Do you want to meet a ghost?
Remakes, remakes, remakes. This one is an American take on Kiyoshi Kurosawa’s 2001 film, Pulse (Kairo), a subtle, slow-paced Japanese horror film that explores isolation and loneliness as much as it does supernatural freakiness. At one point, horror maestro Wes Craven (A Nightmare on Elm Street, Scream) was set to direct the remake, but things changed during pre-production, as they so often do. Craven ended up with a co-writer credit, with relative newcomer Jim Sonzero (War of the Angels) taking over directing duties. So is it a frightening exploration of technology gone wrong, or is its pulse weak?
Mattie (Kristen Bell, Veronica Mars), a college student, is dealing with the sudden and tragic death of someone close to her. In an attempt to understand what happened, she tracks down his missing laptop, now owned by a would-be hacker, Dexter (Ian Somerhalder, Lost). Not only are there strange and frightening images on the computer, but Mattie and her friends start seeing similar ghostlike images in the shadows, following them around. As time progresses, there are more and more suicides and unexplained deaths occurring wherever Mattie goes. She and Dexter know they have to do something, anything, to do put an end to this madness before it gets too far out of control.
So, the idea here is, “technology as horror.” During the first third of the movie we’re treated to a lot of story bits where characters continually talk on their cell phones, text message each other in class, and joke around about obsessively viewing Internet porn. This is supposed to set up a feeling of isolation; that people are only connecting with their machines, and not with another. It’s the thought of “Why talk to someone else when it’s so much easier to send an e-mail?” Unfortunately, the sense of isolation that these themes require us to see on screen just isn’t palatable enough. Mattie’s closeness with her friends comes across as genuine, as do her feelings for her recently dead boyfriend. Likewise, Dexter owns the laptop with the ghoulish images on it, but when Mattie tracks him down, he hasn’t yet had time to plug it in. I find it hard to believe that these characters are ones who would rather lose themselves on the Internet instead of reaching out to and communicating with their fellow human beings.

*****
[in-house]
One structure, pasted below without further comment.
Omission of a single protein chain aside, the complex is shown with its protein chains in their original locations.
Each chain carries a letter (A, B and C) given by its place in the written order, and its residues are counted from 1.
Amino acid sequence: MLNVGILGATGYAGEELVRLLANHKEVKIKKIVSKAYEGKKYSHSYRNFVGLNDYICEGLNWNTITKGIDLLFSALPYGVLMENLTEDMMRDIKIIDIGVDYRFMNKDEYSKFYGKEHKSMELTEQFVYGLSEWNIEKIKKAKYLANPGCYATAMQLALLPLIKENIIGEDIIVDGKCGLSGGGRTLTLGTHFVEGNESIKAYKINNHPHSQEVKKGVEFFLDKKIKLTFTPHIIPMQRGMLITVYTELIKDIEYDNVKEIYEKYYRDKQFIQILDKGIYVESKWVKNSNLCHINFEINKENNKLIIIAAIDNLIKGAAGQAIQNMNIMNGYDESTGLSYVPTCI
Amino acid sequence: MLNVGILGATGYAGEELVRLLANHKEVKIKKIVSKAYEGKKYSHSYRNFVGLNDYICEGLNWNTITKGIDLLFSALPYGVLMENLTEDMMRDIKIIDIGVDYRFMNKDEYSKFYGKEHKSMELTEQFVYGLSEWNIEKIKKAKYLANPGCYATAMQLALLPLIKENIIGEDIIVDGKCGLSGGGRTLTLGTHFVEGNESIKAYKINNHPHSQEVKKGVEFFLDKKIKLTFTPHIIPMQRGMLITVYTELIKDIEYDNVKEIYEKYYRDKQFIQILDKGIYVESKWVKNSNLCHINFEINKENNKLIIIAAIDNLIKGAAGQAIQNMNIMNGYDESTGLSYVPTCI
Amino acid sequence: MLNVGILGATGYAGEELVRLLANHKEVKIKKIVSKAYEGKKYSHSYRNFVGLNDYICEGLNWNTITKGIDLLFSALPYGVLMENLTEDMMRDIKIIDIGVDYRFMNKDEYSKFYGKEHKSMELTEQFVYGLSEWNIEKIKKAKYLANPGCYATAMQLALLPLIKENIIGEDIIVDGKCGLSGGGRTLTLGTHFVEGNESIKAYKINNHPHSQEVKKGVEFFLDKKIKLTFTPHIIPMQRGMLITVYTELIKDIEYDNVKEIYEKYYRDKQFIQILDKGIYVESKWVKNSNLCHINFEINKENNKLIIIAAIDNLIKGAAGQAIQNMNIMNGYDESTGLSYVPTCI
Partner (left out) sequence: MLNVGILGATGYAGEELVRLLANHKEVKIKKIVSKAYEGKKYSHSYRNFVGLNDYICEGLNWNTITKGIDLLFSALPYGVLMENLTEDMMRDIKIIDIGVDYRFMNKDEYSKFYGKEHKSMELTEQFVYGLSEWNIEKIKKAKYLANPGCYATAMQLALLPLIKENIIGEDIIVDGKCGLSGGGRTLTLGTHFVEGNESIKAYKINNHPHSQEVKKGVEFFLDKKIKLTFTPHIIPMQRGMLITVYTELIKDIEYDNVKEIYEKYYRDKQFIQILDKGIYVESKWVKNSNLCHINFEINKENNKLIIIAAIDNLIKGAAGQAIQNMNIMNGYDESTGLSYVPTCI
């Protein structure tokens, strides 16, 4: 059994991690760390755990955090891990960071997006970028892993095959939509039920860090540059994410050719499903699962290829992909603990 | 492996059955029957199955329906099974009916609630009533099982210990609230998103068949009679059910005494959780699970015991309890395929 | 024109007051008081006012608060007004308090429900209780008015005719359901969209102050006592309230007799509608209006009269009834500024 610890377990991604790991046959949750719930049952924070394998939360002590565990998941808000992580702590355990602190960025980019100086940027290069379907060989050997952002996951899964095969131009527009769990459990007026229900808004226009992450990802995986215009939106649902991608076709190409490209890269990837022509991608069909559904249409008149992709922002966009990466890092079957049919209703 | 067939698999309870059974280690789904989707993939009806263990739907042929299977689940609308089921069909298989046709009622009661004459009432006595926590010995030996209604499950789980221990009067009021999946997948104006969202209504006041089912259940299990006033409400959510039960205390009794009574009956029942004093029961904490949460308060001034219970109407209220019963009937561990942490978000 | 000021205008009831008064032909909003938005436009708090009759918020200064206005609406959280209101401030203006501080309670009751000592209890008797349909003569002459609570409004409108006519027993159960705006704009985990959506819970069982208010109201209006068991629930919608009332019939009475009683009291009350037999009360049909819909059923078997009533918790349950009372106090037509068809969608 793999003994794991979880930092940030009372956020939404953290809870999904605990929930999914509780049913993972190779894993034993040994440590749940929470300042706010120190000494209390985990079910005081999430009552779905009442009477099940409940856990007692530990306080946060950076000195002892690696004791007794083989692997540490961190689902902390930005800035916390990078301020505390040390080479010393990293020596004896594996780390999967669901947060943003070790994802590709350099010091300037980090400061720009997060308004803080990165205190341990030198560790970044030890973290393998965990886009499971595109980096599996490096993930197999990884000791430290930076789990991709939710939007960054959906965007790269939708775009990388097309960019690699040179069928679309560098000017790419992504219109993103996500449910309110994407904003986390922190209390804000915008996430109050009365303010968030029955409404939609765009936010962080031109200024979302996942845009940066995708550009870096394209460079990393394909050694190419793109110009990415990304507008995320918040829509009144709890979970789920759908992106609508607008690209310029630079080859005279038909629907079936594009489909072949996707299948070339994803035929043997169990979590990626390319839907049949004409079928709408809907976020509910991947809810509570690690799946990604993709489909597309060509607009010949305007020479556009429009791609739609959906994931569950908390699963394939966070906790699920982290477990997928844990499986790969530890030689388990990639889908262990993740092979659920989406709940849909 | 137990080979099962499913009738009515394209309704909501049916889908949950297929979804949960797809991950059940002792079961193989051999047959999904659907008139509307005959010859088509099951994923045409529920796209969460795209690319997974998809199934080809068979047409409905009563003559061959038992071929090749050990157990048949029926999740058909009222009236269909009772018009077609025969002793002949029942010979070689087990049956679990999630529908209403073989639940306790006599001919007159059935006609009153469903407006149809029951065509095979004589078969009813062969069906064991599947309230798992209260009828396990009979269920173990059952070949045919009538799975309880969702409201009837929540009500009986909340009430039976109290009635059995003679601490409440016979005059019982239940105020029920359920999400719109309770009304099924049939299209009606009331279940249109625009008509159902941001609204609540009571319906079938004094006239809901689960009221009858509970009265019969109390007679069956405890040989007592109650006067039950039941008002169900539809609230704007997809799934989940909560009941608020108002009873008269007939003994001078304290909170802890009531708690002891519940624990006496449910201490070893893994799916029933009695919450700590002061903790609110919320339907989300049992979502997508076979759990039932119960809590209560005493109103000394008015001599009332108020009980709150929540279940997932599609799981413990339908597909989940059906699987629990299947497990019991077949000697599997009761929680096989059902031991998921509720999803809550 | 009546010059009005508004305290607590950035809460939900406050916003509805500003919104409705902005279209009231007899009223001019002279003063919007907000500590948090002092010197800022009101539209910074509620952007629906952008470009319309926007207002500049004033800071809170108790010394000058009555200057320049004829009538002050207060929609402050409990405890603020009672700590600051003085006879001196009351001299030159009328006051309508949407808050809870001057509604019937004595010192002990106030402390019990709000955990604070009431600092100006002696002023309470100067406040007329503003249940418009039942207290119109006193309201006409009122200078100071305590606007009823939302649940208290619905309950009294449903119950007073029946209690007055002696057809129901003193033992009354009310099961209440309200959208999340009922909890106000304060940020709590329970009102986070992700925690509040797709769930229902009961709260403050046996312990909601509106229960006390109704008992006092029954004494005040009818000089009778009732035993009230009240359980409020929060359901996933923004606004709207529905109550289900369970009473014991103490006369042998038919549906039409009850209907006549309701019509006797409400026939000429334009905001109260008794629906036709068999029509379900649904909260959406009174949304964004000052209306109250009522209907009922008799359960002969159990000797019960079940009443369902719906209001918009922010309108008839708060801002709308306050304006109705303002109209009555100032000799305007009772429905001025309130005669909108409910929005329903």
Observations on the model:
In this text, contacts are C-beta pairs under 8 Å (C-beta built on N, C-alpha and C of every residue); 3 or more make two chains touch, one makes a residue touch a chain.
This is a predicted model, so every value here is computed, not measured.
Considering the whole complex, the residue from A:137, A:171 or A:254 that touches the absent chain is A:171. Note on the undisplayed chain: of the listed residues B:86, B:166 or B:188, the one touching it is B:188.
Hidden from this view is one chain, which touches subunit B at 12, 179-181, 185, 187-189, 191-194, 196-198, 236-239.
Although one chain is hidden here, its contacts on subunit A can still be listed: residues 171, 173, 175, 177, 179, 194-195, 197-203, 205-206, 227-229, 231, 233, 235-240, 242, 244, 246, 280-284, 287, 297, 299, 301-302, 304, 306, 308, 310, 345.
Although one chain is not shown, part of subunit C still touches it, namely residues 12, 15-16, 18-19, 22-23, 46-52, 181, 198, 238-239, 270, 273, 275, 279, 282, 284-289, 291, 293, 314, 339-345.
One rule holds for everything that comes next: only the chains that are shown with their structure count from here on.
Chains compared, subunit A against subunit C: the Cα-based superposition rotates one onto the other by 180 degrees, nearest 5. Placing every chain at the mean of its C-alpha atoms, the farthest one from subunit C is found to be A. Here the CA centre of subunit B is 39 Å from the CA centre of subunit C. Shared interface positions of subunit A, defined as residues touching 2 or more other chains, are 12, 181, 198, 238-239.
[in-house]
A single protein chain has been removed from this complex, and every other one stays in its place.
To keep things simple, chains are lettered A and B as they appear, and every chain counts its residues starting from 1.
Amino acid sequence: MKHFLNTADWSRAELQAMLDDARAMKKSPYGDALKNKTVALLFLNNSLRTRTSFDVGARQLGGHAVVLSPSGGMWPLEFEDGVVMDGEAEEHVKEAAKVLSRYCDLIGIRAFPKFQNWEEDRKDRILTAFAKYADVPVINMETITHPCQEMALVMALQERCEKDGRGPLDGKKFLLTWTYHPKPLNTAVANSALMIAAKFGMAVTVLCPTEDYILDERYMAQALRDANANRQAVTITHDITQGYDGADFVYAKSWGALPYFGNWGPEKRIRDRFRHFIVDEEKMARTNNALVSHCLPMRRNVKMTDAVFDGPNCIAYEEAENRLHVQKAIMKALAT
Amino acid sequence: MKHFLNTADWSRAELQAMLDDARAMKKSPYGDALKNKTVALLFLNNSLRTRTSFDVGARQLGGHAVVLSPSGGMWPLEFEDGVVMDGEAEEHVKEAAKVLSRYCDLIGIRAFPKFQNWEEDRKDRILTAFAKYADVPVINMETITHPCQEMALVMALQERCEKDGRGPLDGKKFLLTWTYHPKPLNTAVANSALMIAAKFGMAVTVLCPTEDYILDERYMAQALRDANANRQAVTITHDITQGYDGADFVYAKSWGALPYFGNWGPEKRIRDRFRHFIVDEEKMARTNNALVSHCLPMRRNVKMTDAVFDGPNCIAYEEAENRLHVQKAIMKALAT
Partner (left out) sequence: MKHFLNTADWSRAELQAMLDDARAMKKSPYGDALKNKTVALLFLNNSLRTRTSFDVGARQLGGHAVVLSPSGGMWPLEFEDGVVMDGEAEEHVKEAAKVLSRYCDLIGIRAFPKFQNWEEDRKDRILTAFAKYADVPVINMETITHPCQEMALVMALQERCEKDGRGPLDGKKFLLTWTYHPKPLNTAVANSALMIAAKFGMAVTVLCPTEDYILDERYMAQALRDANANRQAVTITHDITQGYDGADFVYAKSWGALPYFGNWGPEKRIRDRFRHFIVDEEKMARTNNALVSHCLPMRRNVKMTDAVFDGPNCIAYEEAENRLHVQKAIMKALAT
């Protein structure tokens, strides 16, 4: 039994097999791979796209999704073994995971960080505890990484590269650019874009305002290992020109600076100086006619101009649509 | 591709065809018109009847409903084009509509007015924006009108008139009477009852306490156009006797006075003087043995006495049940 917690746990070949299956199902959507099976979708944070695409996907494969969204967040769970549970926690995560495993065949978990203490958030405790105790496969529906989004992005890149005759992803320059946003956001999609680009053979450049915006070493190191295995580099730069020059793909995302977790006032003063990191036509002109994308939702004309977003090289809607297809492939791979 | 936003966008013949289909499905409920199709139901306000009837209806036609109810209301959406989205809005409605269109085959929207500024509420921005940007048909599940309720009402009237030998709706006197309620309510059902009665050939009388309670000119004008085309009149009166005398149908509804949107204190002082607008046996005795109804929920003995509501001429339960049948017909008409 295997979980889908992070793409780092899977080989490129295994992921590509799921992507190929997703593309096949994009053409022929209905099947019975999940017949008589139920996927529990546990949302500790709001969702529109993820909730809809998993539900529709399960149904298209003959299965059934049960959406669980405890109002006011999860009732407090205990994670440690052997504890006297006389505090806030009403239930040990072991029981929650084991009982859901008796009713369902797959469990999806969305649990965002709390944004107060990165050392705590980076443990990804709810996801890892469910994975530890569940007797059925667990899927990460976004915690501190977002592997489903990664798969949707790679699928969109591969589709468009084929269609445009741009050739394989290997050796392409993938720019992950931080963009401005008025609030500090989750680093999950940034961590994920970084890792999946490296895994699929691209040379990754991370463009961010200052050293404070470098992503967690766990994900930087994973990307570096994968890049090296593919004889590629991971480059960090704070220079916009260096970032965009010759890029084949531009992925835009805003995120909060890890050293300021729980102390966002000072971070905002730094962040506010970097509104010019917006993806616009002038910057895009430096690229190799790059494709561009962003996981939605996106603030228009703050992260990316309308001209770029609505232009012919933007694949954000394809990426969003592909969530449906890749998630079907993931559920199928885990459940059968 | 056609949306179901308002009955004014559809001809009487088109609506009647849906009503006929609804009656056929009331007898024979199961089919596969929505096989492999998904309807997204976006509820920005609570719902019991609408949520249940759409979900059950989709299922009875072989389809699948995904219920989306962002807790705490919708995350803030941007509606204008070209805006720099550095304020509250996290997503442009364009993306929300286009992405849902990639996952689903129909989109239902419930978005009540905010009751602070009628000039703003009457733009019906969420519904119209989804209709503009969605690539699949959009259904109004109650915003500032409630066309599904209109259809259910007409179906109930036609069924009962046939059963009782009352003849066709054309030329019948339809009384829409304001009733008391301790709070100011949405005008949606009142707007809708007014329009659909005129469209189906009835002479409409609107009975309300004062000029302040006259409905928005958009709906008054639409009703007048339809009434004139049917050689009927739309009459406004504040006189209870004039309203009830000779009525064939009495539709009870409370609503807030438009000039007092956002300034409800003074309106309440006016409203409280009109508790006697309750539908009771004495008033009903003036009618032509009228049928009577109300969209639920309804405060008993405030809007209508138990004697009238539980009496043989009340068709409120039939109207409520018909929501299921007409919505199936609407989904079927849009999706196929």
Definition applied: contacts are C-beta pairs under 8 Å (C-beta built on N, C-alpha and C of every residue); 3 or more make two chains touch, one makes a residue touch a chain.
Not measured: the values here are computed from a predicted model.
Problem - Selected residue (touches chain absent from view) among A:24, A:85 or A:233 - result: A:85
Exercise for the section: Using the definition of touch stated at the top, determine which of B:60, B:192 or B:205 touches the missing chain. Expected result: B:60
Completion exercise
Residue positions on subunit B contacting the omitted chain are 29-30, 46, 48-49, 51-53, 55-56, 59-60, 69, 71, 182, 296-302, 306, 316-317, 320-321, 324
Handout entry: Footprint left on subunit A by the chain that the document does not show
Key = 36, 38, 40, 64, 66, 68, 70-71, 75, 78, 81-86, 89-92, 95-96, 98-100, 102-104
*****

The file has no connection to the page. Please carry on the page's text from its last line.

As the movie progresses, there are more and more creepy visuals, as whatever evil exists inside the computer starts to manifest itself in “our” reality with more frequency. This is where the movie’s big visual flourishes are, as ghostly spooks emerge from the shadow accompanied by jarring “static” effects. Yes, we have seen stuff like this before in The Ring and its kin, but it’s well captured here. These are the cool moments, the ones horror fans will want to see (not much in the way of gore, though), and they’re certainly the movie’s highlights. The few jump scares are telegraphed a little too far in advance, though. When a character starts walking slowly toward a dark corner, the score’s violins build in intensity as she gets closer and then—shriek!—something grotesque jumps out at her. Except we all knew something would jump out because we just had an extended build up with a slow walk and intense violins.